Only a third of respondents think Moldova is led by President Maia Sandu, a survey shows FILE PHOTO. European Commission President Ursula von der Leyen and Moldova’s President Maia Sandu. © AFP / Bogdan Tudor

More than 60% of Moldovans believe the country is ruled by external powers, according to a new poll conducted by the IMAS research institute. The survey was published on Tuesday and sampled some 1,100 adult respondents across the country.

The poll by the Chisinau-based data company shows that a majority – 59% – believe Moldova is under the control of US or EU forces. A further 3% suggested the nation is ruled by Russia. Only 32% thought it was actually led by President Maia Sandu, while 6% of respondents were not able to answer who exactly governed their homeland.

When asked how much the president was involved in the country’s affairs, some 39% said she had not been engaged at all during her two years in office, while another 25% suggested she did not pay due attention to Moldova’s internal affairs. Only 23% indicated Sandu had been properly involved in ruling the state, while some 8% insisted she was actively doing so.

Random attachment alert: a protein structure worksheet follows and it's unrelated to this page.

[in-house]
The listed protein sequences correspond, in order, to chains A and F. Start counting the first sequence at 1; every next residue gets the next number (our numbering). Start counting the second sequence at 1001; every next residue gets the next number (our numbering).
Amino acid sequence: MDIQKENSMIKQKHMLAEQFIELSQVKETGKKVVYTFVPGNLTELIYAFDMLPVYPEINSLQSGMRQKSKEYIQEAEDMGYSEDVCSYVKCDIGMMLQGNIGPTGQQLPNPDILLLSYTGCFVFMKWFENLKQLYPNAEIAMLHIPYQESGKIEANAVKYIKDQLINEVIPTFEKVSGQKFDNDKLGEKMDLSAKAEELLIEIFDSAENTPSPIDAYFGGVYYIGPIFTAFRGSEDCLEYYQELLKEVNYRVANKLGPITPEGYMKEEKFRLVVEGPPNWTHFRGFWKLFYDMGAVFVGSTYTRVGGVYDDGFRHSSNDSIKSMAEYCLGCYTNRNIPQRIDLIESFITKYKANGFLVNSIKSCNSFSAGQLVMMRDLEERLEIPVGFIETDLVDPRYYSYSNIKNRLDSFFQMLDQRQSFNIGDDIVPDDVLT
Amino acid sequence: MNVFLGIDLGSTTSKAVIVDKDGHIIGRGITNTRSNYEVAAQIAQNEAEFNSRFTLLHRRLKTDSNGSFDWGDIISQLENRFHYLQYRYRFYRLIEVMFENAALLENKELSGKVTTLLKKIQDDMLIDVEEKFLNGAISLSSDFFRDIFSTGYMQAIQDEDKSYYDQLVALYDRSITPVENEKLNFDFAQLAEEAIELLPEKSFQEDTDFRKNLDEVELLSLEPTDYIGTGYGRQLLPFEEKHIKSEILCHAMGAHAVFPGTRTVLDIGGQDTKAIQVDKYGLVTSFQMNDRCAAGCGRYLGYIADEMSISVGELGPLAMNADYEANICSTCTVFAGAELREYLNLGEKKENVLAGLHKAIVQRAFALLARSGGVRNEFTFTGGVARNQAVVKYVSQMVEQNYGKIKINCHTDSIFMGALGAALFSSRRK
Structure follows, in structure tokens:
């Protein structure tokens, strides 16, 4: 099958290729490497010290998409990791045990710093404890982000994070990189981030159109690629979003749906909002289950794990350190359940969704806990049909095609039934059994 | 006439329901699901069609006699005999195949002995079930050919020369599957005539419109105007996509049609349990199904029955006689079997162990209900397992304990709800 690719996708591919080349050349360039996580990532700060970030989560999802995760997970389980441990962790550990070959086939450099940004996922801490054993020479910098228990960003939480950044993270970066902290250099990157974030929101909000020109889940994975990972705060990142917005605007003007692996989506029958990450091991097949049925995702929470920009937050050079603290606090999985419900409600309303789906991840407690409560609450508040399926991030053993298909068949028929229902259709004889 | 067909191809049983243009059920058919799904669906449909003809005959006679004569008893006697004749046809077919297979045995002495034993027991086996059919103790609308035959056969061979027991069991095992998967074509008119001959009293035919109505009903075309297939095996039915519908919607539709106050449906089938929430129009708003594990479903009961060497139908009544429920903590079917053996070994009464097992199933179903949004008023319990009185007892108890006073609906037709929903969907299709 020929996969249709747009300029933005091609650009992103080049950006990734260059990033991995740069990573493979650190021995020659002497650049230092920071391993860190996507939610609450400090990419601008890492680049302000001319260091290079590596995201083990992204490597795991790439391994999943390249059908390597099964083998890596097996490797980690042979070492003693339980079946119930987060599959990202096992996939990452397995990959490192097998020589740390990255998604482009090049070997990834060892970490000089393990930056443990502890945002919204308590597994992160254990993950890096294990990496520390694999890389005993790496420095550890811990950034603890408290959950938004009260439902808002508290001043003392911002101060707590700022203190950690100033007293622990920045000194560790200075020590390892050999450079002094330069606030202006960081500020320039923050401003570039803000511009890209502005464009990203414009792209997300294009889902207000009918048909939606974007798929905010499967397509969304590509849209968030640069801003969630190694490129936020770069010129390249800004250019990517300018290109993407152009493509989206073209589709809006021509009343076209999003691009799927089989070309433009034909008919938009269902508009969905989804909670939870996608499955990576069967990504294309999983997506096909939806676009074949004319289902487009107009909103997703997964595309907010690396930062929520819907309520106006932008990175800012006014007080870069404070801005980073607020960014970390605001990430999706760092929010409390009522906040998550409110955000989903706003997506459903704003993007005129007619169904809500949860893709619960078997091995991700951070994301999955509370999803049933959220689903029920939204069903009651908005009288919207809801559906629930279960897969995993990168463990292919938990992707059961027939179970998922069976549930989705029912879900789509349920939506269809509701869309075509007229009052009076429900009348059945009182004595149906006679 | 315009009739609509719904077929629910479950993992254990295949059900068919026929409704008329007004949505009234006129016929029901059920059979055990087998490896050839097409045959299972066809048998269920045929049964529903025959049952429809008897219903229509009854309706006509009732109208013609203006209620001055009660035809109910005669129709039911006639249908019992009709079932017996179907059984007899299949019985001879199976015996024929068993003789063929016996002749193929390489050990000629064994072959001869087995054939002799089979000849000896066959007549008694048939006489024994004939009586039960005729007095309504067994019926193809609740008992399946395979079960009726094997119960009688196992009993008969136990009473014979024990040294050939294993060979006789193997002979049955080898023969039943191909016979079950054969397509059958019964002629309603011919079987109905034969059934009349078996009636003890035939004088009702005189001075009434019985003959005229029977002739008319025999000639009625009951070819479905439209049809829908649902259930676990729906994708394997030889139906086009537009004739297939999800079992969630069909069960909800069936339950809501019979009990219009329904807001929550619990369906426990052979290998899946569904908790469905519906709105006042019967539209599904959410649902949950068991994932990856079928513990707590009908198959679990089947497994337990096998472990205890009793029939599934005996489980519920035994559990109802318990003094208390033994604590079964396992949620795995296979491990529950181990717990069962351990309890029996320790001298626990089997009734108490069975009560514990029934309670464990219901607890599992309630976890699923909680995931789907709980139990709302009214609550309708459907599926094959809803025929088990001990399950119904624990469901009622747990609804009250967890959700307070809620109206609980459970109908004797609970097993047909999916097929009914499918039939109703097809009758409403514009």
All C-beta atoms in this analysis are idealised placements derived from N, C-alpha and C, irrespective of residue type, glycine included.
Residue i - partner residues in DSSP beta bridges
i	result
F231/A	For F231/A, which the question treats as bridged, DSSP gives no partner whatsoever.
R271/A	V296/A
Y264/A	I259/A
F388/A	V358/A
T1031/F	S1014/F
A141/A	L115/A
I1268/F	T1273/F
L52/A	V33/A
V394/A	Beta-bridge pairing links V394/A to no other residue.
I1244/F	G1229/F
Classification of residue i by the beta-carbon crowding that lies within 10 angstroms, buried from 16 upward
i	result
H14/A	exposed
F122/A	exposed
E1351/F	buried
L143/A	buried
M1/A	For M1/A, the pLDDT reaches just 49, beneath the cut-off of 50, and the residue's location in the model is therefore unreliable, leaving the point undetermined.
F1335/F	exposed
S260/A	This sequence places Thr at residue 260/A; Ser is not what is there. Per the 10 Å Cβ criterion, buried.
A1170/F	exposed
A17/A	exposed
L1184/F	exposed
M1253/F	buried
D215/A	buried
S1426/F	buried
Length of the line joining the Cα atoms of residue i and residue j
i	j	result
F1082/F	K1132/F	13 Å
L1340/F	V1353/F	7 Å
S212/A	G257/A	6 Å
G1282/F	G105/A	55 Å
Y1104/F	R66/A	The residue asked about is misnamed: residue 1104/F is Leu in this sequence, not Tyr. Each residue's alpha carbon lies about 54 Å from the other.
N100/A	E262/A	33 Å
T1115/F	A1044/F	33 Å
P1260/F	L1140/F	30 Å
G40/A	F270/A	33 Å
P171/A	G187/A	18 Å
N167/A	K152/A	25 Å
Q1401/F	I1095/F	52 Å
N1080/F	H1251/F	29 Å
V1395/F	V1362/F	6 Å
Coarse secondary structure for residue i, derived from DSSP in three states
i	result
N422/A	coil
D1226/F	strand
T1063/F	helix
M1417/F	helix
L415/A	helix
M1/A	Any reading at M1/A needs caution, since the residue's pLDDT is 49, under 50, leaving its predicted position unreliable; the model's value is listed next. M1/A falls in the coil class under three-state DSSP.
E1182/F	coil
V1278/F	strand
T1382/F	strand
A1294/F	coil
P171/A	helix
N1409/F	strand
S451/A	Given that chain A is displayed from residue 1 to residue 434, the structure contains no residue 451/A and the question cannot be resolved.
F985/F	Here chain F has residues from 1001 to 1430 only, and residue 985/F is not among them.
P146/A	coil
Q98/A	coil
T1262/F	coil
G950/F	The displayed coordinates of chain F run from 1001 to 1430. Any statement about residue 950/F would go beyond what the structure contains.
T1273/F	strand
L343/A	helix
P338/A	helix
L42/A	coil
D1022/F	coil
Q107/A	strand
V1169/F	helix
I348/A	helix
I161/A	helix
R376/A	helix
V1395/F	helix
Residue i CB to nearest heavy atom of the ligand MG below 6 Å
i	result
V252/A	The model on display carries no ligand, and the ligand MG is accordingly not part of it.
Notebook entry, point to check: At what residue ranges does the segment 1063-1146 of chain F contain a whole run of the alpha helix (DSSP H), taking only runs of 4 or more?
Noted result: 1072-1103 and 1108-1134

'Ukrainian missile' lands in Moldova 'Ukrainian missile' lands in Moldova

Opinions turned to be rather split on which foreign forces the country should cooperate with the most. Some 38% of respondents called for strengthening the economic relationship with Russia, while 30% favored the EU. In terms of security cooperation, 36% preferred Moscow and only 21% spoke in favor of the bloc.

In recent weeks, Moldova has seen repeated mass protests against Sandu and her government over the rising cost of living, energy prices, and some other social and economic issues. Moldovans took to the streets amid the EU’s struggle to cope with the ongoing energy crunch, which is partly caused by the bloc’s sanctions drive and efforts to phase out Russian exports.

In June, the European Council agreed to grant candidate status to Moldova during an EU summit. Later that month, Kremlin spokesman Dmitry Peskov said that Moldova “for some reason associates its candidate status with taking an increasingly anti-Russian stance.” (RT)